It is an obvious truism that public institutions have a tendency to bloat and meddling-creep: to always seek to increase their powers and control, never backing down voluntarily.
Furthermore, whether on purpose or by accident, they shut themselves in self-serving ideological bubbles that discount all challenge as ignorance or evil intent.
It is with this reality in mind that I present this brave idea:
Institutions need to be headed by powerful outsiders – contrarian bosses untouched by, and ideally in reasoned opposition to the little circlewanks and private mythologies, in order to counterbalance institutional inertia.
This is not necessarily an anti-state argument. A lot of what various ministries and public agencies are doing is clearly desirable, but it is painfully obvious that a lot is also bullshit serving merely the self-interest of the institutions (and their controllers), and at any rate, stuff virtually nobody outside the establishment wants, voted for or consented to. Certainly not a democratic majority.
Because these things are so often matters of underlying bureaucratic culture, and impervious to normal democratic change, there is no good feedback mechanism in society to keep those tendencies in check.
We need ministers radically opposed to half the things their ministries are doing.
Not as sabotage, but as a balance.
Put a libertarian in charge of justice and policing.
A privacy enthusiast with an NSA-China-and-Russia proof Linux home network in charge of security and intelligence.
A college dropout who started a billion-dollar unicorn in charge of education.
A pro-nuclear climate sceptic in charge of environment.
A disgruntled middle-class taxpayer in charge of culture.
Jeremy Clarkson in charge of transportation.
You get the idea.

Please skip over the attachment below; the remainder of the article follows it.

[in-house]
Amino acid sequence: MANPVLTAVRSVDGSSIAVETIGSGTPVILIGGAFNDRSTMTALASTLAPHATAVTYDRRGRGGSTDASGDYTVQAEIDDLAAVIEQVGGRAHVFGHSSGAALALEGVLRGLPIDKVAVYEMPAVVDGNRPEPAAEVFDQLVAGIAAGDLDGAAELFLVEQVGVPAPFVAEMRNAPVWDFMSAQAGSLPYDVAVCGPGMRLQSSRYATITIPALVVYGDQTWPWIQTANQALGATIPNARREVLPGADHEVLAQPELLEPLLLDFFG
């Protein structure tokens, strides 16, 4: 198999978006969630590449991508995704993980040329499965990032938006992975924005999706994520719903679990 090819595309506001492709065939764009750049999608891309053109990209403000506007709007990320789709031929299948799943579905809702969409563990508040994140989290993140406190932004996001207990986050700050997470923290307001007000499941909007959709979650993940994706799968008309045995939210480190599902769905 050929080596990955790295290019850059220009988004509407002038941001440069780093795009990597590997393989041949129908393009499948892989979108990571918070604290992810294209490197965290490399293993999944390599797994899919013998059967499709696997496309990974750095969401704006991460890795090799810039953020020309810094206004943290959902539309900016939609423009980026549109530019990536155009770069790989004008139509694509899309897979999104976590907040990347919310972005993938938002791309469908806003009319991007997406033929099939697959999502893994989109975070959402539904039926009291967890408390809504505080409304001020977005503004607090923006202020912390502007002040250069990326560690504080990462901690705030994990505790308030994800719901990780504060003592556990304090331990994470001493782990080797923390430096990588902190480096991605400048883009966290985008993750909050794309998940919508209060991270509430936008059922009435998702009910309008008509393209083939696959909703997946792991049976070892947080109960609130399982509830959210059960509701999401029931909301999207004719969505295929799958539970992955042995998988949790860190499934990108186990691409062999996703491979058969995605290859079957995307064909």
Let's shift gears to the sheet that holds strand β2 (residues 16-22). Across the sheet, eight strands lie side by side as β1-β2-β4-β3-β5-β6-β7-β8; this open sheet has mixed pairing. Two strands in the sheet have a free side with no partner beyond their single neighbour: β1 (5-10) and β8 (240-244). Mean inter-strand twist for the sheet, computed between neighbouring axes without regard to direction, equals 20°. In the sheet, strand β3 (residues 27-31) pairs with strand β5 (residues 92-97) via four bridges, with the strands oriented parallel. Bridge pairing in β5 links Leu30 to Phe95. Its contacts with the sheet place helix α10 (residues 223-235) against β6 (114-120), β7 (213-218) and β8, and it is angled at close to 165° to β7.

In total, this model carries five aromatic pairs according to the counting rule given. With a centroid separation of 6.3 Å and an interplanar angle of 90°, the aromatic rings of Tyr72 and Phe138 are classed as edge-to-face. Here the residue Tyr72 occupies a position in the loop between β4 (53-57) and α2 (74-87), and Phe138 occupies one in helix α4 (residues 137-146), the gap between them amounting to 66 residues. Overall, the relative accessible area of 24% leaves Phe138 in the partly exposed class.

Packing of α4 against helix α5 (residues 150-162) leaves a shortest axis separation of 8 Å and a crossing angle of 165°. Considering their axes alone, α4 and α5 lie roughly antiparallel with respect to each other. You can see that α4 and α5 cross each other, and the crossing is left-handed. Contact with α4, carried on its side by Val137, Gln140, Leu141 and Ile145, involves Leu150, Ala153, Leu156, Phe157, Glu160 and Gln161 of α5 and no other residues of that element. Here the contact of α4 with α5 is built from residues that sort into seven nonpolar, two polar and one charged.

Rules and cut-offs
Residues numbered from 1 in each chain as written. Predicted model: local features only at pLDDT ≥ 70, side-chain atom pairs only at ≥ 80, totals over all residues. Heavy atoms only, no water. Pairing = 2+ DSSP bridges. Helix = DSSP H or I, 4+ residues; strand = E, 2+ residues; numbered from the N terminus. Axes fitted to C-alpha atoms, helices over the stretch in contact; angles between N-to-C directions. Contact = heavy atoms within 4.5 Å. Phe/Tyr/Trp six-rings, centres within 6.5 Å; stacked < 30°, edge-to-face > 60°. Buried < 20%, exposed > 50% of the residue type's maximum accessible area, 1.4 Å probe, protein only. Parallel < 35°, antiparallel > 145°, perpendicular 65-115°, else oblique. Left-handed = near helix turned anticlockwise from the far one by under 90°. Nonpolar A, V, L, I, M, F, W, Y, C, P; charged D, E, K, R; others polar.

Public institutions and ministries are gripped by not even ideologies, but outright mythologies that by happy accident usually seem to justify things that match the prejudices of, and are privately beneficial to, the employees, directors and private sector clients of these institutions.
We now have institutions nominally dedicated to things they practically oppose:
Anti-transportation transportation departments that serve only the interests of the makers of traffic signs, speed bumps, roundabouts and speed cameras.
Anti-business business departments, concerned chiefly with favoritism, pay-to-play regulation and oligopoly creation and protection of cartels.
Anti-education education departments that care more about enforcing an ideological orthodoxy and “protecting students” from alien ideas (i.e. protect teachers’ monopoly on pupils’ minds from competing worldviews) than opening minds and teaching reasoning skills and sharing knowledge.
Again, you get the idea.
My system is the opposite – apparently opposed to the institutions, but really only opposed to the self-serving, purpose-defeating mythologies epidemic among their employees.
What I’m proposing is in fact a return to true purpose – restoring an instrumental relationship between goal and organization, rather than the self-serving rent extraction and organizational self-aggrandizement that uses its original purpose merely as an excuse to, frequently, push for diametrically opposite goals.
The idea is that even if the outsider, contrarian chiefs have their own leanings and are not necessarily objective paragons of truth (albeit definitely closer to it than the institutional consensus), they’ll be able to successfully challenge the dominant prejudices within their derpartments and drag them closer to rational, constructive positions.
As a pilot project, we can put me in charge of the United Nations.
Help fund my rise to power. I promise to be a good world president.